Green Mamba???

From my June 10, 2016 nature journal...
Rough Greensnake
© Photographer: William Wise | iNat Observation: 30531059 - Rough Greensnake; Walton County, Georgia. June 10, 2016.

A frantic 911 caller sent one of our animal control officers out to catch this "highly venomous Green Mamba" they had in their house. No doubt, it must have escaped from an exotic animal breeder somewhere nearby (right). Well, actually, it was just a Rough Green Snake; a very common and harmless garden variety snake found here in Georgia. But a very beautiful specimen nonetheless!

Rough Greensnakes (Opheodrys aestivus) are probably the most arboreal snakes in our region and spend the majority of their time hunting for insects, spiders, and other invertebrates in vegetation well above the ground. When encountered, greensnakes often freeze, relying on their green coloration for camouflage. (Source: Savannah River Ecology Laboratory website)

Greensnakes are quite camouflaged in the wild, blending in with the other slender green vines and vegetation. I’ve often walk by one only to have it drop from a branch and slither away quicker than a photo can be taken. This specimen, however, was quite easy to photograph. A little bit of handling tired it out and it became fairly docile. It let me use a variety of lenses as I posed it in a nearby tree for some more natural looking photographs.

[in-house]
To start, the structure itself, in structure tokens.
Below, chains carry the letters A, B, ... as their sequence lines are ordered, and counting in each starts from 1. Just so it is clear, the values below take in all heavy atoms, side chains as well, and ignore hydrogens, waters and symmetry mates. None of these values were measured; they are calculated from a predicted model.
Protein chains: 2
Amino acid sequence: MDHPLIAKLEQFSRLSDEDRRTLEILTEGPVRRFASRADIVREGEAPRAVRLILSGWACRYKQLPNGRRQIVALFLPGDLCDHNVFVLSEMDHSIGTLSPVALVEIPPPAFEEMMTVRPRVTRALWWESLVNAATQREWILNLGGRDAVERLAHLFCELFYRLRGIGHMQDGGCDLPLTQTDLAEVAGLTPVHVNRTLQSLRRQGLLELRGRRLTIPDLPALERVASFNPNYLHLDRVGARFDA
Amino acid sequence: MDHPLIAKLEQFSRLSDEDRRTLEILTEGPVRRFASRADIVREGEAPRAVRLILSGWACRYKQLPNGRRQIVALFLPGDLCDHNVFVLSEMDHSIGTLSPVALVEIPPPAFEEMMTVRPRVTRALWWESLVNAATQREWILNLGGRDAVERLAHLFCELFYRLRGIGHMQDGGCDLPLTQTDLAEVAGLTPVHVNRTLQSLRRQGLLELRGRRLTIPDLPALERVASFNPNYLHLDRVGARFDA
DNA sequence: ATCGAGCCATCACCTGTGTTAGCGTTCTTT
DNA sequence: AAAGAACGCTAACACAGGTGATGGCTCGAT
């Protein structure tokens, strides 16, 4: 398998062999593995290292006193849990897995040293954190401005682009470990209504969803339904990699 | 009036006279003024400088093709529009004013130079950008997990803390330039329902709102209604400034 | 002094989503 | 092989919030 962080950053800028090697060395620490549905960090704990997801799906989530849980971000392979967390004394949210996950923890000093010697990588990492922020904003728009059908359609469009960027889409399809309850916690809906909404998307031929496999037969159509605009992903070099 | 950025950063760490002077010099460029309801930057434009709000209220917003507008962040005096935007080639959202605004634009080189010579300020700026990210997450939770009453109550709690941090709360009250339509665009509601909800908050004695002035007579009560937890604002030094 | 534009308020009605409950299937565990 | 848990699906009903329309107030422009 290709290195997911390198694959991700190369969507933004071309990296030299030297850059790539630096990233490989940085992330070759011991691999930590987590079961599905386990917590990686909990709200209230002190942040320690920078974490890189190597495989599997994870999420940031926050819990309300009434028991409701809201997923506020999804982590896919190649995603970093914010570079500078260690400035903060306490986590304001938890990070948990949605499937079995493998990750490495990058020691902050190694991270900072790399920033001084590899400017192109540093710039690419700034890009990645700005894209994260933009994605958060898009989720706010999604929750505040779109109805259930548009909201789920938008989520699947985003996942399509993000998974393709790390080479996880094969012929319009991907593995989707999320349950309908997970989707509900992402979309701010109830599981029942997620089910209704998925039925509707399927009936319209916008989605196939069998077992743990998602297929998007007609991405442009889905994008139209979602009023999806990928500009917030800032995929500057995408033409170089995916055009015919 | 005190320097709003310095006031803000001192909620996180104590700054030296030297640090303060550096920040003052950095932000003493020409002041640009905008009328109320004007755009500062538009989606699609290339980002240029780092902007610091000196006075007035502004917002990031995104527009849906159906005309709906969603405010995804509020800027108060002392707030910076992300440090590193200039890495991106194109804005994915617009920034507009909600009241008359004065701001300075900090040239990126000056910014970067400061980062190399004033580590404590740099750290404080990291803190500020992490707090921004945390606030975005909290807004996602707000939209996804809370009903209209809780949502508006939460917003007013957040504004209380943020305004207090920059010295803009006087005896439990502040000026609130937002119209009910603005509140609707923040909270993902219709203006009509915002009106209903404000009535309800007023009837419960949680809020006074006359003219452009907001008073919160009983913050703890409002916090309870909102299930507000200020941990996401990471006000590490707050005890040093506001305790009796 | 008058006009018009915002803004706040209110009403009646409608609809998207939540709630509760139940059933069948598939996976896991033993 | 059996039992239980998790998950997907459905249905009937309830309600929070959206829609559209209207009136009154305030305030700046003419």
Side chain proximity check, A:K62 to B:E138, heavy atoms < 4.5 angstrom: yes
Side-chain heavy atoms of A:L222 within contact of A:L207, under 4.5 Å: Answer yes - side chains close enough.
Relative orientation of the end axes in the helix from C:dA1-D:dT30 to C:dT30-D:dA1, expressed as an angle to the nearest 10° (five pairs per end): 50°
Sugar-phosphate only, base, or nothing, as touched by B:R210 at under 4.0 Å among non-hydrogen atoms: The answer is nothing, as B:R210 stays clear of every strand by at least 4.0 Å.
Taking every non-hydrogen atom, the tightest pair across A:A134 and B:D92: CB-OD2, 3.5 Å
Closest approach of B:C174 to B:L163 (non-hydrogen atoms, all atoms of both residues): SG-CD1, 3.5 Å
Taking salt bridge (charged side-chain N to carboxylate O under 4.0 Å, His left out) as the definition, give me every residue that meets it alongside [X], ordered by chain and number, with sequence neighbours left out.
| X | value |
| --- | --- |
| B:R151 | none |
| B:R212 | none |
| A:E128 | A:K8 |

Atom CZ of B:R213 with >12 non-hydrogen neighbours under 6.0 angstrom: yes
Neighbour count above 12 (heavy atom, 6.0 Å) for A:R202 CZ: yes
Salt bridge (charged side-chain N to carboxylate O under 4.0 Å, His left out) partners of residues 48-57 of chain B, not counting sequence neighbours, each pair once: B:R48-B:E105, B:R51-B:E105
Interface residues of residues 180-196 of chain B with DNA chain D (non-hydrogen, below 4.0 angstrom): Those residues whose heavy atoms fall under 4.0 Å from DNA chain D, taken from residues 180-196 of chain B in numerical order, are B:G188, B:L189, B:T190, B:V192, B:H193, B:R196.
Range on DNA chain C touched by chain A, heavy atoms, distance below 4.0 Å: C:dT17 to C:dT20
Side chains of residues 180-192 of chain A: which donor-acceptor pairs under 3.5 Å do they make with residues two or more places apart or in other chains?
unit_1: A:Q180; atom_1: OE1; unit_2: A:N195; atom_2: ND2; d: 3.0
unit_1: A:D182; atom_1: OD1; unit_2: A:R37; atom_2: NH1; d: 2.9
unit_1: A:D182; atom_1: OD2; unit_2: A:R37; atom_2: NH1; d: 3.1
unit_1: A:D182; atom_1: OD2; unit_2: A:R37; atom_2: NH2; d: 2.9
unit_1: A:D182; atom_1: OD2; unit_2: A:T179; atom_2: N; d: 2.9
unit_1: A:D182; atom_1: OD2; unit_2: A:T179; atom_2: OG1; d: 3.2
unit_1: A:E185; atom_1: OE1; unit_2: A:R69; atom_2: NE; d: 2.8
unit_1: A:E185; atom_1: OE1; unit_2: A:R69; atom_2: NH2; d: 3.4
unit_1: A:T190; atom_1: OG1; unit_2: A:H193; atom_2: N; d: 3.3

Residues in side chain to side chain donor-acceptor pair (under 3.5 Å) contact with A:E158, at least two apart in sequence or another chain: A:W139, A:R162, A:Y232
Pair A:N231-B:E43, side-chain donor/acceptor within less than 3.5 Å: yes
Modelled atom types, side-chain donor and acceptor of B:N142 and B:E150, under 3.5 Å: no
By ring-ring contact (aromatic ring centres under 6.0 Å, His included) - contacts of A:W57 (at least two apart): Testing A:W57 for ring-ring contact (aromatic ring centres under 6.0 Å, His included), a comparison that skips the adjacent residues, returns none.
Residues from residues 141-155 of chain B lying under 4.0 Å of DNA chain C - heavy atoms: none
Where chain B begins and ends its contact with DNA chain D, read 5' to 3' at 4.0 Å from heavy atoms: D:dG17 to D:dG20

Many harmless snakes are misidentified and unfortunately killed. In our region (the southeastern United States), there are only a few species of venomous snakes. Learning to identify the few venomous snakes might save a harmless and ecologically beneficial snake’s life next time it happens to crawl into your home.

​Walton County, Georgia

Rough Greensnake
© Photographer: William Wise | iNat Observation: 30531059 - Rough Greensnake; Walton County, Georgia. June 10, 2016.

Publicado el 10 de junio de 2022 14:25 por williamwisephoto williamwisephoto


Fotos / Sonidos


Culebra Verde Rugosa (Opheodrys aestivus)


Junio 10, 2016 a las 09:46 MAÑANA EDT


Picked up on an animal control call. Posed for photo before release; Walton County, Georgia.


Eastern Green Mambas are only seen in Africa, as well as their cousins, the Black Mambas. A green mamba would be a lot bigger in size. I’ve seen a Rough Greensnake, which was tiny.

Publicado por angello1225 hace más de 1 año

Very true. But unfortunately the average citizen that calls animal control doesn't really know their snakes and thinks everything is a cobra or some other venomous snake!

Publicado por williamwisephoto hace más de 1 año

How do you find greensnakes?

Publicado por wildlife13 hace alrededor de 1 año

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